According to the US Bureau of Labor Statistics (BLS), registered nurses make about $67,490 on average during 2015.
What skills are needed to be successful as a travel nurse?
There are a number of skills needed to be successful as a travel nurse, including:
Willingness to Learn: A travel nurse is somewhat of a specialty. This position exposes the nurse to a wide range of technologies and different techniques within the field. Because they work in a number of different healthcare settings, they must be prepared to learn new things on a consistent basis. They must be willing to accept the challenge and desire to learn more.
Good Communication Skills: A travel nurse must have good communication skills, as they learn to deal with different patients and medical professionals on a daily basis. They must be able to adapt and communicate on a number of levels, speak clearly and be able to convey their thoughts.
Patience: A travel nurse must have a high degree of patience. Being able to deal with a number of patients and personalities of various medical professionals on a revolving basis is key. A person who desires to become a travel nurse must also be dedicated to the professional and able to work hard to be successful.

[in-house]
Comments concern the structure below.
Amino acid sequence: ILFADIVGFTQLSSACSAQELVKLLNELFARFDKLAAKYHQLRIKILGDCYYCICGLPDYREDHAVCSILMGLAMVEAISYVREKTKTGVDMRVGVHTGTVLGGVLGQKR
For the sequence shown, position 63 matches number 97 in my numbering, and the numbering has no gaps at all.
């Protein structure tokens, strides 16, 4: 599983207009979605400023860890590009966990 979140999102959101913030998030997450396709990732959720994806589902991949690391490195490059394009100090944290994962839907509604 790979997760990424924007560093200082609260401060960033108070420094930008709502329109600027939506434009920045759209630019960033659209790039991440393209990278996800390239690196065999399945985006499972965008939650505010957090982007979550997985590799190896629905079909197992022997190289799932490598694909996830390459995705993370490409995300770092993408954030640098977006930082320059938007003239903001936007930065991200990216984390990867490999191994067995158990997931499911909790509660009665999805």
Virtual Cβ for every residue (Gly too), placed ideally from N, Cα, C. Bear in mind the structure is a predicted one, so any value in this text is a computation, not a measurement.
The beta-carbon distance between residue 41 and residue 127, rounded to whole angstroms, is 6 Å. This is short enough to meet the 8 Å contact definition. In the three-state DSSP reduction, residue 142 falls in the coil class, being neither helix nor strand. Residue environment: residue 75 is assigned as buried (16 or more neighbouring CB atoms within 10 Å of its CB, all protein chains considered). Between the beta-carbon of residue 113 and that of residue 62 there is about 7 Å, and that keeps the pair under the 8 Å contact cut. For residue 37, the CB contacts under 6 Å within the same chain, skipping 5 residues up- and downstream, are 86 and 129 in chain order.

Flexibility: A travel nurse must be flexible, as assignments and locations change regularly. They must be able to successfully adjust to new people and surroundings, and handle the work environment regardless of the situation. They must also be adaptable to new policies and procedures based on different locales.
Judgment and Decision Making: It is important to make the right decisions to ensure that you are handling the patients correctly, are able to take instructions, and use the right thinking and judgment before making any decisions. Having the right type of personality, being able to be detail oriented, physically or mentally strong, and very considerate with the patients, their families and other healthcare professionals.